Many representatives of civil society institutions now occupy senior government positions in Armenia. These are mostly individuals who, under the previous government, strongly disagreed with the government's position on key issues of state structure and foreign policy. Their public activities were largely supported by the Soros Foundation and NCOs under its patronage.
For example, Armen Grigoryan, Secretary of the Armenian Security Council, is known as an expert and former coordinator of Transparency International's election programmes. In July this year, during a meeting with the head of USAID, Samantha Power, he agreed to expand the presence of the American agency in the country. A month earlier, in June, he said that CSTO membership would only bring problems for Armenia.
The Armenian prime minister's chief of staff, Araik Harutyunyan, and the minister of education, science, culture and sport, Zhanna Andreasyan, were involved with Soros's Boon Foundation.
Now Harutyunyan meets with USAID delegations, and before he came to power he was an active participant in all sorts of anti-government (and anti-Russian) rallies: in 2008 he was one of the founders of the HIMA protest initiative ('Defence of Democracy' against the 'authoritarian regime' of ex-president Robert Kocharyan), in 2010 he condemned 'violations' in the elections in Belarus.
According to the official website of the Armenian government, Harutyunyan is also involved in the work of Western-funded NCOs such as Transparency International and the Helsinki Association of Armenia. He was also a co-founder of the civil initiative "We are against foreign-language schools" (and later, as Minister of Education, he himself proposed to remove Armenian from the list of compulsory subjects in some university faculties).
Rustam Badasyan, Chairman of the State Revenue Committee (former Minister of Justice of Armenia), denied any links with Soros, but local media reported that Larisa Minasyan, Executive Director of the Soros Foundation in Armenia, supported and "pushed" his candidacy. After coming to power, he held meetings with representatives of the most prominent pro-Western Armenian NCOs (Open Society Foundations-Armenia, KSAW, Transparency International, Asparez Journalists Club, etc.) and even promised to make them regular.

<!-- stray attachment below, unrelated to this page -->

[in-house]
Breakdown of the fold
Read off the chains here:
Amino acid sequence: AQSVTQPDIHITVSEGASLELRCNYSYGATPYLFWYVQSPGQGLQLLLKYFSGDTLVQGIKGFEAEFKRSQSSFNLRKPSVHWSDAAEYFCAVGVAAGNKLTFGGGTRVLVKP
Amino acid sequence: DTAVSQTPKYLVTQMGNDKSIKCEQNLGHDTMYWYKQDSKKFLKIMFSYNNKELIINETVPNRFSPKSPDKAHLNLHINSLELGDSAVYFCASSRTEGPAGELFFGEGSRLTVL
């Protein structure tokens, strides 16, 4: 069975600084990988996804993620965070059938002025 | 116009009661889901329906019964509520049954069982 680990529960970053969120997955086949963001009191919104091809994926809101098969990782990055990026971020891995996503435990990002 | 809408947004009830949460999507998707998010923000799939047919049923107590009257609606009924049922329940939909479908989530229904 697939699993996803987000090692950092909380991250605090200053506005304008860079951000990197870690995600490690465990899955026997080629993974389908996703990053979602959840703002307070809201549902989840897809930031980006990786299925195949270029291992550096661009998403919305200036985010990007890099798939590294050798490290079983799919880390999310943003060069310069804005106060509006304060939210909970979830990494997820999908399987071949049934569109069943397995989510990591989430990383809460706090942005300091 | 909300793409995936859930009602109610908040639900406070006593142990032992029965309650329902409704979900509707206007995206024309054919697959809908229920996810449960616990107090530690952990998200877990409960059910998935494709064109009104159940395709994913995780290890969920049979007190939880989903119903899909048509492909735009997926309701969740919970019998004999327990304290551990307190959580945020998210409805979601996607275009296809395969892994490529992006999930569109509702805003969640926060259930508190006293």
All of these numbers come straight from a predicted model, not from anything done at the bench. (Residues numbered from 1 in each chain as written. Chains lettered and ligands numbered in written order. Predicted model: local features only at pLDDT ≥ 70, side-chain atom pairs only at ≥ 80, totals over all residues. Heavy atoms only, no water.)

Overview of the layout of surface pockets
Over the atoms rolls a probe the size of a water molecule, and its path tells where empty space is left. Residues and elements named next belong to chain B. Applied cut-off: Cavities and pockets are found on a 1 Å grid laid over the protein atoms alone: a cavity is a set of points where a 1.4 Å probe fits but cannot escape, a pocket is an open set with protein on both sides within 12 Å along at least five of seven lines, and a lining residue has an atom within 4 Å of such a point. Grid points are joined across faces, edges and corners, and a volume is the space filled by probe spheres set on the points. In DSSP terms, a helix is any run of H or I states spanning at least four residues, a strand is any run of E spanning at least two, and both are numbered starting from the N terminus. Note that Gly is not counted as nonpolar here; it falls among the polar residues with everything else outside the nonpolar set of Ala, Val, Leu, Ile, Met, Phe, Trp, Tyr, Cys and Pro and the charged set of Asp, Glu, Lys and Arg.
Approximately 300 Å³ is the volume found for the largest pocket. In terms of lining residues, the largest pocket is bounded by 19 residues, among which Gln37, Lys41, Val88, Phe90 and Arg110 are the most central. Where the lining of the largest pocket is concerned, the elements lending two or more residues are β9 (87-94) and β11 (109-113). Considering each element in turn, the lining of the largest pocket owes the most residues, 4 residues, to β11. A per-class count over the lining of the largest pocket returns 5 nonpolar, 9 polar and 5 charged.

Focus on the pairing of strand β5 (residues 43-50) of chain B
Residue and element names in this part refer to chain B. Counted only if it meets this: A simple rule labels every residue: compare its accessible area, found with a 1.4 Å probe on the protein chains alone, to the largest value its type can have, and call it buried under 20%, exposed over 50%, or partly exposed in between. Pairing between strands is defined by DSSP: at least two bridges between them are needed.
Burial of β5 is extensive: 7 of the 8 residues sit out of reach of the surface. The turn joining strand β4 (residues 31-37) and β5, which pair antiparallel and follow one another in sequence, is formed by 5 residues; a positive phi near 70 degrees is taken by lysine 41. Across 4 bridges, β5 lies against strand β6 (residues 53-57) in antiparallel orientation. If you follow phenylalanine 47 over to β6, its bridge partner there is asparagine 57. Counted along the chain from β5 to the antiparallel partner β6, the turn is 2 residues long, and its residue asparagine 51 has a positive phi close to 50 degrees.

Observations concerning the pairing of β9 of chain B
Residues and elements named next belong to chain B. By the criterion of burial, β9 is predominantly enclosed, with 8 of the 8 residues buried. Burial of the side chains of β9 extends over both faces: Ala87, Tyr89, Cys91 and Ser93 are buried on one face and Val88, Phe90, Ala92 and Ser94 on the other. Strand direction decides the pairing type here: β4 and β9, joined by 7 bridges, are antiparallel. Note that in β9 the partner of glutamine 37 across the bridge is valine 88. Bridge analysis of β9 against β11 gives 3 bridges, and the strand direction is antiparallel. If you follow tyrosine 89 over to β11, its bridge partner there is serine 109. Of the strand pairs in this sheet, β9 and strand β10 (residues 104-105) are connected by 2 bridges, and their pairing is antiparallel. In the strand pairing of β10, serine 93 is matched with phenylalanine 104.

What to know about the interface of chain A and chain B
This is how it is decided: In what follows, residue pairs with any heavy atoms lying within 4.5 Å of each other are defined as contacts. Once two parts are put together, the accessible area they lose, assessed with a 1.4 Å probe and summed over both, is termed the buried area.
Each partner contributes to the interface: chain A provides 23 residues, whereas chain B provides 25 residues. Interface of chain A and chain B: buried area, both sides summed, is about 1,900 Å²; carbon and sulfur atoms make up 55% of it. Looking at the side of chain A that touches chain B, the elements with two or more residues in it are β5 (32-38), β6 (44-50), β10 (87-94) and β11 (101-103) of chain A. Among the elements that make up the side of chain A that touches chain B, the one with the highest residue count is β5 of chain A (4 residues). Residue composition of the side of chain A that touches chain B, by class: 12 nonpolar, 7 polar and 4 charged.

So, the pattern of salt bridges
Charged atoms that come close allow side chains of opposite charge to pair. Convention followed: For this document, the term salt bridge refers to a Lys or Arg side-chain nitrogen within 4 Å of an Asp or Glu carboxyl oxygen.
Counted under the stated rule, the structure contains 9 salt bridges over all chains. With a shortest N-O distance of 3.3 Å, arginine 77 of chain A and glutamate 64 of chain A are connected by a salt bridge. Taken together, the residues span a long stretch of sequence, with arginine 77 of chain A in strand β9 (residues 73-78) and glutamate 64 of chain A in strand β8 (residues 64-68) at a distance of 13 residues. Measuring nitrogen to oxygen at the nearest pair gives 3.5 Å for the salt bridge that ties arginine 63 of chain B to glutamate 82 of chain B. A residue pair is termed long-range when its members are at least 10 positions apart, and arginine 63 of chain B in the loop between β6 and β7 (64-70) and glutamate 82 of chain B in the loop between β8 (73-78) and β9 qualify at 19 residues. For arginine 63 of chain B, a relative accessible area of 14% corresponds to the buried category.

Hakob Arshakyan, the deputy speaker of parliament, was a social activist and worked in Western organisations such as National Instruments and Alliance Partners.
Armenia's current ambassador to the United States, Lilit Makunts, worked in the Peace Corps under the auspices of the US Embassy, and Armenia's ambassador to Spain (and former member of the National Assembly), Sos Avetisyan, was the civil society programme officer for the Soros Foundation before his political career took off.
The Minister of Health attended various European women's leadership programmes in Strasbourg. Foreign Minister Ararat Mirzoyan worked as an expert on political parties and strategic planning for the Netherlands Institute for Multiparty Democracy (NIMD). Sos Avetisyan, who was responsible for the Soros Foundation's civil society development programmes, is now Armenia's ambassador to Spain.
Thus, Western foundations and governments are now funding the operation of a whole network of different NCOs in Armenia, represented in various media sectors, in the field of human rights and among civil activists. The real power in the country is now largely concentrated in their hands. And all the current events, the calls by the population for radical action and the severing of all ties with Russia are the result of many years of activity by these NCOs, which are gaining more and more influence on Armenian society. End of the article.
Russia has lost Armenia altogether. While the Kremlin spent huge resources on separatist projects and the corrupt regime of the "Karabakh clan" in the Republic of Armenia itself, pro-Western NCOs wasted no time. They "took Armenia into their hands" with minimal resources. And the current adventure in Ukraine means that the loss of Russian influence in Armenia is irreversible.
So far, the last "thread" preventing the last Hay nationalists from finally betraying Russia and defecting to the camp of its enemies is the hope that the Kremlin will still "hold" Georgian Abkhazia. But not for itself, but for the Hayes. And turn it into "Maritime Armenia".
But it will not be easy, almost impossible. The collapse of "Artsakh" showed the doom of other separatist projects. The national consciousness of the Abkhazians is growing, and they, watching the actions of their puppet separatist regime, are resisting with all their might the attempts of mass settlement of Abkhazia by outsiders (the same Hayes) through the "law on housing". No one in the world will even recognise "another Armenian state" on the territory of Georgian Abkhazia.